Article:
'Taffy'  3-D double bracelet.  This intricate piece is one of my latest.  It is essentially two bracelets made simultaneously which weave in and out of each other.  It is reversible and has a different design on the other side.
And finally, 'Tina', a 4-in-1 bracelet.  This piece is full of a number of semi-precious stones, and shows the popular Mag-Loc clasp.  It's so easy to put on, not having to fiddle with a spring or lobster clasp.  You just let the clasp pieces hang downward, and then give the bracelet a squeeze with your other hand, molding the bracelet around your wrist.  The magnet halves will find each other and snap into place.


Let me interject one final tangent from last November.  True to 'multiple creativity disorder' style, here's a fun project in a completely different medium, that came fairly close to hitting the mark I envisioned at the start.  Here's my husband's birthday cake from last year, inspired by the robot in the movie Interstellar. Instead of TARS, this one is BARS.  I printed the small black and white section of text onto plastic sheeting, and it's even LIT from underneath!  The cake may look unappetizing, but underneath that drab grey royal icing tile exterior is a moist chocolate cake with chocolate ganache and salted caramel filling.  Now, what will I do to top this for his next birthday in a couple of months?  Suggestions for a geeky, sciency kind of guy?



SO... until next time, it's back to the drawing board (or cutting board, or lumber board, or beadboard, as it were), as I look forward to seeing the B-52's in concert in Dallas next month with my good friend Gwen.  (I'll report back, hopefully with pics of the silly outfit I want to make for the concert, including beehive, or some such hair modification).  When Gwen first told me she'd like to attend the concert, I exclaimed "I want to go!"  Then when I went to break the news to my husband, coincidentally, that's what HE said!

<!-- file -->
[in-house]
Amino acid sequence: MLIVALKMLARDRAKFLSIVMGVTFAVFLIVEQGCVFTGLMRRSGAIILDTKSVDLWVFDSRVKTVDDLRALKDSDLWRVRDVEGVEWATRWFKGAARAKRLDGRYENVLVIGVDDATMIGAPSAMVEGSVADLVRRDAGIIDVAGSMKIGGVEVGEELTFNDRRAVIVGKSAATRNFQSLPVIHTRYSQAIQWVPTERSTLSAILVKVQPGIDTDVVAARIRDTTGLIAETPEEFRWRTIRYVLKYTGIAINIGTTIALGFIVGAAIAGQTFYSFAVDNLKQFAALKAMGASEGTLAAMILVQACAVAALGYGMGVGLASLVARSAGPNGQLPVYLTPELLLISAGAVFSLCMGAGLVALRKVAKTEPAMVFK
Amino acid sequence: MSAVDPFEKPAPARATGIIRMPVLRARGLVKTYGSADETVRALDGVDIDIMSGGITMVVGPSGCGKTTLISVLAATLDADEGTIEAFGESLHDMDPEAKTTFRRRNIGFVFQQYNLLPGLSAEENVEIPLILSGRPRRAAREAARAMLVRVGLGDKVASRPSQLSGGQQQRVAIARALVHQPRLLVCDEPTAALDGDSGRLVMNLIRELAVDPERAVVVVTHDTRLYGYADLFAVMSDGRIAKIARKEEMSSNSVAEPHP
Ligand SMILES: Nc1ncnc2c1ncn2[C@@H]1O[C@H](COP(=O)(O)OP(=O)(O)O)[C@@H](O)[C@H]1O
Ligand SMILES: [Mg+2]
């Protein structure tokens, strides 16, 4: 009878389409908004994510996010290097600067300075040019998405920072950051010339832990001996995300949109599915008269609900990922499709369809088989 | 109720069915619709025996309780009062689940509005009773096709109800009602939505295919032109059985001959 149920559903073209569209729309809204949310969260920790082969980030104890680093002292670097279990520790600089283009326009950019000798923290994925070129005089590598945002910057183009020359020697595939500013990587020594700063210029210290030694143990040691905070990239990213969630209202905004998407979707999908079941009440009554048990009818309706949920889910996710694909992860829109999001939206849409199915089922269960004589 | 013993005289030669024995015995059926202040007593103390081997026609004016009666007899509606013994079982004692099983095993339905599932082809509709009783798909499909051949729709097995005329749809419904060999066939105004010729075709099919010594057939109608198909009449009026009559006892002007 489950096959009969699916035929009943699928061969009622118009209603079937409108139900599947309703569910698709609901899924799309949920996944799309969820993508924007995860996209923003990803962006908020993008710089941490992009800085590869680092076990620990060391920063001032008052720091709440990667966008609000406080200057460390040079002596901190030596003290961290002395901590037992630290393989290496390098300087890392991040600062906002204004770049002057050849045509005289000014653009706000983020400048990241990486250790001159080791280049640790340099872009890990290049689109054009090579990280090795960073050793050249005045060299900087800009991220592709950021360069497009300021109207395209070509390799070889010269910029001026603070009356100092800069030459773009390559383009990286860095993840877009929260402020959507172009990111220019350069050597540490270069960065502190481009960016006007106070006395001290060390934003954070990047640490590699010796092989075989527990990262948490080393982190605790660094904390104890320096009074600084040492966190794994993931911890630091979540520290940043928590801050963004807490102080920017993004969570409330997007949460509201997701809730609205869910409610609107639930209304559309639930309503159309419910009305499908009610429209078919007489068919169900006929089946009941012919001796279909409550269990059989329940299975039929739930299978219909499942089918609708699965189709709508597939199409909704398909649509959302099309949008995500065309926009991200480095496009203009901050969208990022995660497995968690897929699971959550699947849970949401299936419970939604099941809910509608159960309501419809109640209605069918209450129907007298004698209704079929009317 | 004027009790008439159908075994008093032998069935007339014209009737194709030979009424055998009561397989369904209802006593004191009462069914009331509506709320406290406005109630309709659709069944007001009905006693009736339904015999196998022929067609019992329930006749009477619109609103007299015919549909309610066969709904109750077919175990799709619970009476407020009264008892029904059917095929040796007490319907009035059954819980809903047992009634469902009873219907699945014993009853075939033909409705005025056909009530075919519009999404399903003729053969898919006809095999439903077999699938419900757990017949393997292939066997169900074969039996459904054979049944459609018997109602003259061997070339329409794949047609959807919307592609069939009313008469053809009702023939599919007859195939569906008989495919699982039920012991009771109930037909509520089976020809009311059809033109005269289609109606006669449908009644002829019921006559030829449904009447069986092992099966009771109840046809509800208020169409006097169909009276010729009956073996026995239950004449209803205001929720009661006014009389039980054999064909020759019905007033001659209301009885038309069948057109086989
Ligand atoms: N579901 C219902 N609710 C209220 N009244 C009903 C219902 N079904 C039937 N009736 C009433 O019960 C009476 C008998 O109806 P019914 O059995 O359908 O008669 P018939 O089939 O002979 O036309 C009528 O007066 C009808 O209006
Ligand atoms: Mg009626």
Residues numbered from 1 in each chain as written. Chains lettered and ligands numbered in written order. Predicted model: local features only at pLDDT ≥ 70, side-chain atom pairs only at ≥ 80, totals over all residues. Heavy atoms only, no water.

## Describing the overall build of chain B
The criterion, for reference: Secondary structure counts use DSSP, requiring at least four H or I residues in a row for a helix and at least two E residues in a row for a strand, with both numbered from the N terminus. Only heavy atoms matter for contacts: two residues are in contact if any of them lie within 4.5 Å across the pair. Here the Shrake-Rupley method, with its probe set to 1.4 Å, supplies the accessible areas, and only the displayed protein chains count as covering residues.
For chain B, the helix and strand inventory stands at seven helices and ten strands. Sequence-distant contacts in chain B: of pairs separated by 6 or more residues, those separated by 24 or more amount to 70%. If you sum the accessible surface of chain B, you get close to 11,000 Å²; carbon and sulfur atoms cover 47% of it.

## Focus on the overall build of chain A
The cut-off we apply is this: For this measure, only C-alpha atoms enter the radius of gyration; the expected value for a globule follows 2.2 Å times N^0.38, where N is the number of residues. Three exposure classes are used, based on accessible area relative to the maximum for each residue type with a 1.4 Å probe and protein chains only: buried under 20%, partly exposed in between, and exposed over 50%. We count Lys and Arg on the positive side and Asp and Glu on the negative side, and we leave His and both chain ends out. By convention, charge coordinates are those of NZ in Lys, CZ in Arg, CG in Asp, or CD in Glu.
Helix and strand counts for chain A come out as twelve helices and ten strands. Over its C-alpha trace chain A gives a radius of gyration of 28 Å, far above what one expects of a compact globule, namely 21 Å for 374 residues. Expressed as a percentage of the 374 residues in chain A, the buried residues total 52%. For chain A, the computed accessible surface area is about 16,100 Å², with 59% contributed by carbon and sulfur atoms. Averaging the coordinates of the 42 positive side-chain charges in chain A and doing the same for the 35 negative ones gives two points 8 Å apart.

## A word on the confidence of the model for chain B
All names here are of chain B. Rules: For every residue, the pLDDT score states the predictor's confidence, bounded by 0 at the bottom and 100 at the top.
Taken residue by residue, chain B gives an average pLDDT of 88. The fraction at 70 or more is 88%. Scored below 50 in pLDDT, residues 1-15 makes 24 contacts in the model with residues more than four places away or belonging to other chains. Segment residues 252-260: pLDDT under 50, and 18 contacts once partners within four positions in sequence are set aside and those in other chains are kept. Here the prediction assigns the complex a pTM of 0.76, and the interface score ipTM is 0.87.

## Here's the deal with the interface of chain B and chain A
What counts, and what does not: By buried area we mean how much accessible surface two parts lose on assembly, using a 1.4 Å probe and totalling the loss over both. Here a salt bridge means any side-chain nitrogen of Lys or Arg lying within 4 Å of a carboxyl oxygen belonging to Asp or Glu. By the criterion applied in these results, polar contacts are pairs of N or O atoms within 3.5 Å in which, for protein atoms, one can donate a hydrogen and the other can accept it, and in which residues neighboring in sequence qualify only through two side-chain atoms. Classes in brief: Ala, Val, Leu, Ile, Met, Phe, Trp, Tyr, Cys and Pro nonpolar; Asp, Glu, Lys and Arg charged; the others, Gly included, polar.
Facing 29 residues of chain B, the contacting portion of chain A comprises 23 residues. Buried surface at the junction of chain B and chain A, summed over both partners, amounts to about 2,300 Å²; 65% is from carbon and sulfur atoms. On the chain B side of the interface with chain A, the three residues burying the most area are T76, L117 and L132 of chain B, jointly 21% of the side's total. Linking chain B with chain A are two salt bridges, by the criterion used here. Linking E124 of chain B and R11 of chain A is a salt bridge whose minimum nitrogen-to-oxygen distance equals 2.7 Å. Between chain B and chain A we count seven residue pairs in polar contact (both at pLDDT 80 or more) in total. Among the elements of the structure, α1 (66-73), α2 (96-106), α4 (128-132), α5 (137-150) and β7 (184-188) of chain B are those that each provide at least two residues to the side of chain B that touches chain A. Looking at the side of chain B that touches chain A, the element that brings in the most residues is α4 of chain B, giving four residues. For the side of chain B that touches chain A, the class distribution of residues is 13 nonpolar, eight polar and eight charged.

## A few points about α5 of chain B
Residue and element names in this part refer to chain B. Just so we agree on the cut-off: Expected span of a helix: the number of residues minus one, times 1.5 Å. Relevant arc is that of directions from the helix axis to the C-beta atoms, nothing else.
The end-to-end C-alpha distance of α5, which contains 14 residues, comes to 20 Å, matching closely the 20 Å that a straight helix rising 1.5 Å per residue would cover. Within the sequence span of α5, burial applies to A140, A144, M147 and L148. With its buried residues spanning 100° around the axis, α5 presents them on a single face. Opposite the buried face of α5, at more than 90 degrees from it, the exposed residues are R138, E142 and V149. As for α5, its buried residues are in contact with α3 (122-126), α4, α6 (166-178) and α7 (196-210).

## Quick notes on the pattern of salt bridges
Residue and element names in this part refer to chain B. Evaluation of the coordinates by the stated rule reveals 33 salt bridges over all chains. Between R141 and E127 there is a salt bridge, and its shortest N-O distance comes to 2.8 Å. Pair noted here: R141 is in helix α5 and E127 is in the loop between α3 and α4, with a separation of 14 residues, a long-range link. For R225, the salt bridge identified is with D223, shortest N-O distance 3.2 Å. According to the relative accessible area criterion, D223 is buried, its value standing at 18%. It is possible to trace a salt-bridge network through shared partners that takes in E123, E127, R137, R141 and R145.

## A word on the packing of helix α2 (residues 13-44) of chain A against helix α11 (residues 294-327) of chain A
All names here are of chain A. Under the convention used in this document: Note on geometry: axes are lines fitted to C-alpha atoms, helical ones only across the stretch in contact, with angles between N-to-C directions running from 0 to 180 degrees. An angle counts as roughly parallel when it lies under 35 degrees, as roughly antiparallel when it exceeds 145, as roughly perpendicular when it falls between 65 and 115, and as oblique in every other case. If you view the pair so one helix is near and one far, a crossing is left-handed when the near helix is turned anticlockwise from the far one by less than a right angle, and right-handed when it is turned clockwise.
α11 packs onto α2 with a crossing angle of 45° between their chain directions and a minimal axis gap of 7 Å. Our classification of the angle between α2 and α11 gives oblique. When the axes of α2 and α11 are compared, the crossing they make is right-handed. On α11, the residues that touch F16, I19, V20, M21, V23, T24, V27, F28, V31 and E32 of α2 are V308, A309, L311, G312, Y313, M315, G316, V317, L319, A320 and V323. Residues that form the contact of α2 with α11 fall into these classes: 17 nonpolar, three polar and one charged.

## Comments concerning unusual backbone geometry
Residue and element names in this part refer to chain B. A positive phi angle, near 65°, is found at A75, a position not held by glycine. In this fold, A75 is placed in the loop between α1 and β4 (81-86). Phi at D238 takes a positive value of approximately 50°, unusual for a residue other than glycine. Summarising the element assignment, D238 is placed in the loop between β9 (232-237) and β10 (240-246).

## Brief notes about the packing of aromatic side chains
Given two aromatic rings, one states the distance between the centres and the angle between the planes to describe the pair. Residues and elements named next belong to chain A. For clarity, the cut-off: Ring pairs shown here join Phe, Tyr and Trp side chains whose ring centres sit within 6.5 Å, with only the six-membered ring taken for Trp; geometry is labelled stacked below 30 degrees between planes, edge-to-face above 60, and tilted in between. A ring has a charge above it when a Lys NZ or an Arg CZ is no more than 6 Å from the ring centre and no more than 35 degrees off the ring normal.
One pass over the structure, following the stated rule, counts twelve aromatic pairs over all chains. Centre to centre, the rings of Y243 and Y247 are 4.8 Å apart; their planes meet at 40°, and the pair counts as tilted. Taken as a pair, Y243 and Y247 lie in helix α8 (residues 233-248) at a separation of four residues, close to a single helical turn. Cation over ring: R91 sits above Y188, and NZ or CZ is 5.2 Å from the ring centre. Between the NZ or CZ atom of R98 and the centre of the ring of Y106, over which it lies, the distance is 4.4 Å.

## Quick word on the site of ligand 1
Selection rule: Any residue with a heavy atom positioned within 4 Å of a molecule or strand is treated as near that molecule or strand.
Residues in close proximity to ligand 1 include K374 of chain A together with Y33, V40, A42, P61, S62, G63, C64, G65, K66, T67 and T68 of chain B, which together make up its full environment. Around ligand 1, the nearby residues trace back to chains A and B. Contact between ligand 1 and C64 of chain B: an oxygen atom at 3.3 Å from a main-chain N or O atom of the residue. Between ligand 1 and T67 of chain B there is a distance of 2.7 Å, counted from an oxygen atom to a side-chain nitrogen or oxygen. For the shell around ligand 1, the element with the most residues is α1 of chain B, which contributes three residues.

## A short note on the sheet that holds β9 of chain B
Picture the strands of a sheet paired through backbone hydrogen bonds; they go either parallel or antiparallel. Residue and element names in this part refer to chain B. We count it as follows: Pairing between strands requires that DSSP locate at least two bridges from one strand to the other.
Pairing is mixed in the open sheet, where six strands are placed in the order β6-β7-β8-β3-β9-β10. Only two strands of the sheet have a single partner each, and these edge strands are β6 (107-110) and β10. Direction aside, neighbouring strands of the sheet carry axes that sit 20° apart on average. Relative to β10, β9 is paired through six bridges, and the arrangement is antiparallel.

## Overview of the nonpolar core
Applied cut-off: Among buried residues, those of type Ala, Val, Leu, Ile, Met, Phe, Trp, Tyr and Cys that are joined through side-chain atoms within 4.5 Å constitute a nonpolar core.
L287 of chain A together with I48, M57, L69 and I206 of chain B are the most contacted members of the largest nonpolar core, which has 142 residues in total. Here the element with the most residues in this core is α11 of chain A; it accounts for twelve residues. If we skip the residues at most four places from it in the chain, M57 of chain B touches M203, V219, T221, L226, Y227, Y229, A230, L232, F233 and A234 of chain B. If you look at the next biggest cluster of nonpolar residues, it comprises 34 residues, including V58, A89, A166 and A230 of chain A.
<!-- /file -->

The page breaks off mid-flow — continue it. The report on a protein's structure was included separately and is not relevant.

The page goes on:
Monday, June 22, 2015

Dear Diary

I never started this blog with the intention of being on display, or even considering there was a listener.  I use the second person reference the same way you would with a diary, calling the journal pages 'you'.  So when I tell YOU a story, I don't see YOU as real people.  That's partly why I don't blog very often.  I don't imagine any kind of audience out there.  I suppose I could attempt to develop a bigger following, but in all honesty, that really just seems like too much work, and not why I document my creations.  So, if you're a real person, and you've accidentally landed on this blog and like any of my projects, artwork, recipes, or whatever, I hope I haven't offended you or belittled your presence here.  I appreciate you.  I hope you can find inspiration in my sparse pages, and thank you for visiting.  There... if I were an actor, I feel I'd have just broken the fourth wall!  Now, back to the solitude of me and my journal.  It's been a few months.  So.... Dear Diary...  How have ya been?  What have I been up to, you ask?  Well....

Remember the artwork I entered in a competition last spring?  It was the one I titled 'Diane and Playboy' that I introduced in my last blog post.  It was accepted in the 49th Annual Regional Juried Art Exhibit in Richardson, Texas.  The show was judged by artist Gladys Roldan de Moras, and the event's reception was held in the beautiful Charles M. Eisemann Center in May.  I attended the reception and was in awe of the space.  I think this is the most impressive venue I've ever had the pleasure of exhibiting in! 


It turns out that I won third place in the Pastel and Graphics category, which covers all drawing media, as well as printmaking techniques.  That's a rather inclusive category, and the competition was all very top tier!  In this photo, my artwork is the one in the middle, on top... hand on horse's face... kinda small... sorry.


Additionally, I had entered work in the 30th Annual Texas and Neighbors Regional Art Exhibit, sponsored by the Irving Art Association (Irving, TX).  Artists were eligible to enter this show if they lived in Texas or any of the four states that border Texas.  Out of the three pieces I entered, juror Leeann Stone chose this mixed media piece titled 'Rapunzel Had a Better Idea', which was composed of predominantly graphite pencil, but also included watercolor, ink, marker, highlighter, conte and acrylic.


I attended that reception as well, and was so surprised when my work received first place in its category!  They even displayed a flower arrangement nearby which took inspiration from my art.  How cool is that?


So, back to the drawing board I went, and a couple weeks ago, I finished this piece, titled 'Blazer's Pedicure'.  It's also a mixed media piece, combining graphite with watercolor, ink and marker, and with a small amount of conte and colored pencil.


And now I'm on to the next work, which is actually something I started months ago and set it aside.  I wasn't sure what direction to take it, and now I've decided it needs a basket in the background, rendered slightly out of focus, so as to give more credibility to the realistic nature of the parts IN focus.  But so far, this is all the farther I've gotten, and while this is a close-up detail, the overall panel still has a lot of blank space on it!


So that's all for now.  Bye, diary!